"Nooooowwww on SportsCenter!" were probably my childhood's most repeated words. Everyday from fifth through ninth grade, I listened to Keith Olbermann open SportsCenter with that deep "Now" and then cheerful "on SportsCenter!" I memorized entire parts of Olbermann and Dan Patrick's shows, sneaking downstairs to watch the 11 p.m. edition every night and then at least two morning reruns. During the summers, the milk cartonwhether it liked it or notsettled in as my microphone as I imitated my two favorite sportscasters over cereal. I bought and read their book, The Big Show. Twice. I read other broadcasters' books that they recommended. I even bought their action figures.
Well, Mattel never got around to making their toys, but I certainly considered requesting them. Yet only five years after my obsession peaked, the U.S.'s top-rated sports show doesn't even register on my radar. Olbermann left ESPN after having "napalmed all bridges," according to network execs, and has made stops at Fox Sports, NBC, and MSNBC.
Patrick remains on the show but devotes his best work to his radio program, lacking the patience to keep up with the constantly changing graphics, sets, and synthesized music that has resulted in a radically different SportsCenter every six months. Forget ESPN HD. This is ESPN ADD.
The increasingly cheesy aesthetics (what high schooler suggested the animated "SC" logo breaking through the viewer's TV screen?) would be excusable if the show had maintained its journalistic standards of comprehensive news, highlights, analysis, and reporting. Instead, ESPN now resorts to watered-down, VH1-inspired content.
Rather than displaying complete box scores and team records after highlights, we get a simple line score displayed for two seconds. Why? Because the producers think it's more important to have a three-minute Top 10 list and another four minutes of teasers than to afford us with a 42-minute informative broadcast.
Want in-depth reporting? Well, SportsCenter doesn't have too much smart stuff anymore, but it does have a six-minute segment on Dennis Quaid's Miramax film The Rookie. Don't forget the two-minute long quiz games with one-word answers from unexcited athletes.
Provocative analysis? There's none of that here, but the show does feature plenty former athletes who would rather emphasize their predictions about "'Sheed" and "The Diesel" than speak coherent English.
The current anchors have followed suit with a smugness that any neighborhood wiseass could match: "He's no beanie baby," says Linda Cohn, followed by John Anderson's "He gave up the cigarettes, but he's still smokin'!" and "He's running like there's people chasing him."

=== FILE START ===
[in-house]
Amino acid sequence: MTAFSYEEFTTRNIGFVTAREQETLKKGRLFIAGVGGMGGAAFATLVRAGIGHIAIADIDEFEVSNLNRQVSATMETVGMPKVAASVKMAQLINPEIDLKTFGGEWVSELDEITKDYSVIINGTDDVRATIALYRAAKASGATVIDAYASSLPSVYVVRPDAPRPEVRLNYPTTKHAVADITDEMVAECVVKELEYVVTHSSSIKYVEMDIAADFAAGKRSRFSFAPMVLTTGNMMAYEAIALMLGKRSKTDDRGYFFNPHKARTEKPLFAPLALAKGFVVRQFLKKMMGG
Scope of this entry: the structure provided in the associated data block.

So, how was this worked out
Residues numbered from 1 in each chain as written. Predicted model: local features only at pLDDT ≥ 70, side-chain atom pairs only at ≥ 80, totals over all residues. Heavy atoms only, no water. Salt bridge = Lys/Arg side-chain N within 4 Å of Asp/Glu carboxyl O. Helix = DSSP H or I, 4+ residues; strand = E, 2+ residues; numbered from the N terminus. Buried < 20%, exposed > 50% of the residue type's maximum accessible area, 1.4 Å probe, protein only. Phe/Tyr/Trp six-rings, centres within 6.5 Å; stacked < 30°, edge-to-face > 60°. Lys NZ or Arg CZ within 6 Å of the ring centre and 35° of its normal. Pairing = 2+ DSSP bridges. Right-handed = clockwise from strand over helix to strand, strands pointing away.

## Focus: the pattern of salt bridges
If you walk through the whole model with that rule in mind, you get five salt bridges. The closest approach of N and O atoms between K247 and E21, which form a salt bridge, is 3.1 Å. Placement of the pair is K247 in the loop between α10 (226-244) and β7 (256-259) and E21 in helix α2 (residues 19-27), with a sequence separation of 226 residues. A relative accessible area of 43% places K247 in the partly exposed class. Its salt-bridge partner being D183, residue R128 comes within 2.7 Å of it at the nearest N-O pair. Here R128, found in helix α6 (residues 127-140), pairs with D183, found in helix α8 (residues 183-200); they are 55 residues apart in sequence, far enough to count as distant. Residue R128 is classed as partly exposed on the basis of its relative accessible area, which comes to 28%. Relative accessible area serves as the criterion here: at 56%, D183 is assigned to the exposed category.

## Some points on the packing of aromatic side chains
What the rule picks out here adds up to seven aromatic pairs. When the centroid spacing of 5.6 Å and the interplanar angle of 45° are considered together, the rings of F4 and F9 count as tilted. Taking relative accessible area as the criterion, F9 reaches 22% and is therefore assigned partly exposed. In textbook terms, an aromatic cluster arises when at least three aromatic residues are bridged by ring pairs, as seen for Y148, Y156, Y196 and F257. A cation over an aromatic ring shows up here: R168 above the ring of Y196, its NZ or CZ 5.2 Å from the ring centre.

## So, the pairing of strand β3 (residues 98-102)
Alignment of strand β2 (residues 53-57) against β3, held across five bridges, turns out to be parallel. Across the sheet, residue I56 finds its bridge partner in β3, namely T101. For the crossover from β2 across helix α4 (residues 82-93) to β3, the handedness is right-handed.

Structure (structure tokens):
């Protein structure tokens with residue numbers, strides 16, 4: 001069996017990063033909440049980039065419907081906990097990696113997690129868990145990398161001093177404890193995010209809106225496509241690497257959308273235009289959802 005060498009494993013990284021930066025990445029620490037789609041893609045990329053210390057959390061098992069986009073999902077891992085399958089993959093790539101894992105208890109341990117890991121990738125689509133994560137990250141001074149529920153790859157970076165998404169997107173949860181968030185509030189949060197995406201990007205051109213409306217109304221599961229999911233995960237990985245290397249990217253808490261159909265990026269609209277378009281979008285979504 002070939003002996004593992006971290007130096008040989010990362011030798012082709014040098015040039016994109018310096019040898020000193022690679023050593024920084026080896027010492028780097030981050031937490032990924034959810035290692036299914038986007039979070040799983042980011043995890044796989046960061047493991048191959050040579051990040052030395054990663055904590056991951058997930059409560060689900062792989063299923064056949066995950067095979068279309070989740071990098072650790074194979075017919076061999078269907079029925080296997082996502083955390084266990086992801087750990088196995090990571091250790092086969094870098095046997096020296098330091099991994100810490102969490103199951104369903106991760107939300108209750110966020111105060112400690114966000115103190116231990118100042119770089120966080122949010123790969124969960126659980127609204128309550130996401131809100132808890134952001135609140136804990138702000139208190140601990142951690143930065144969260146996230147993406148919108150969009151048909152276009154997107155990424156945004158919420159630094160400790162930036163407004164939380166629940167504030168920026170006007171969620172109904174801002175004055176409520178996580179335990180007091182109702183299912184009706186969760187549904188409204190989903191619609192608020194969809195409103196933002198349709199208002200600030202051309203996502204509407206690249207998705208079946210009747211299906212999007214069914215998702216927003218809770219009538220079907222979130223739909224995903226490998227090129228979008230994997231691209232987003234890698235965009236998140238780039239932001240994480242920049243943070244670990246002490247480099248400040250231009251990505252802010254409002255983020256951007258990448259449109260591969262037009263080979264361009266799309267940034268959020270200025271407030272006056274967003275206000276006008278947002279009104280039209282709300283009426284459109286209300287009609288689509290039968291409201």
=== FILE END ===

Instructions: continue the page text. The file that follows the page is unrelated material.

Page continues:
To match the show's overdone audiovisual effects, the sportscasters pound fists and shout stale phrases in an apparent effort to show that they're more important than the topics they cover. Apparently, ESPN producers support the show's idiocy, urging the competitors on the sportscaster-reality show Dream Job to come up with some snappier catchphrases rather than encouraging professionalism and well written highlight leads.
Honestly, when I watch SportsCenter, all I'm looking for is the baseball finals, and now I'm left with a South Dakota high school variety show. All the anchors try to one-up each other with Seinfeld references forced between Ben Wallace rebounds, attempting to prove their worthiness in Keith's and Dan's shadows.
When Olbermann and Patrick were tag-team partners on SportsCenter, the entire show had a witty, seat-of-the-pants chemistry. The anchors verbally sparred with each other without forgetting or diminishing the topic at hand, and they would play with sports' most overused clichés ("He's day-to-day? We're all day-to-day!")
Most of all, they were informative while being funny, teaching a 10-year-old sports fanatic who had seen less than ten live sporting events in his lifetime all the references, from Monty Python to baseball's obscurest footnotes, that one would need to qualify as a sports nut.
Patrick, who simply says "Gone" for a homerun call, recently said in an interview that sportscasters have used up the viewers' lifetime supply of patience with their attempts to be consciously funny. He, in fact, doesn't even use some of his favorite catchphrases, realizing that the rest of the business has ruined them for everybody.
If only ESPN execs would listen to the brains behind SportsCenter's best years.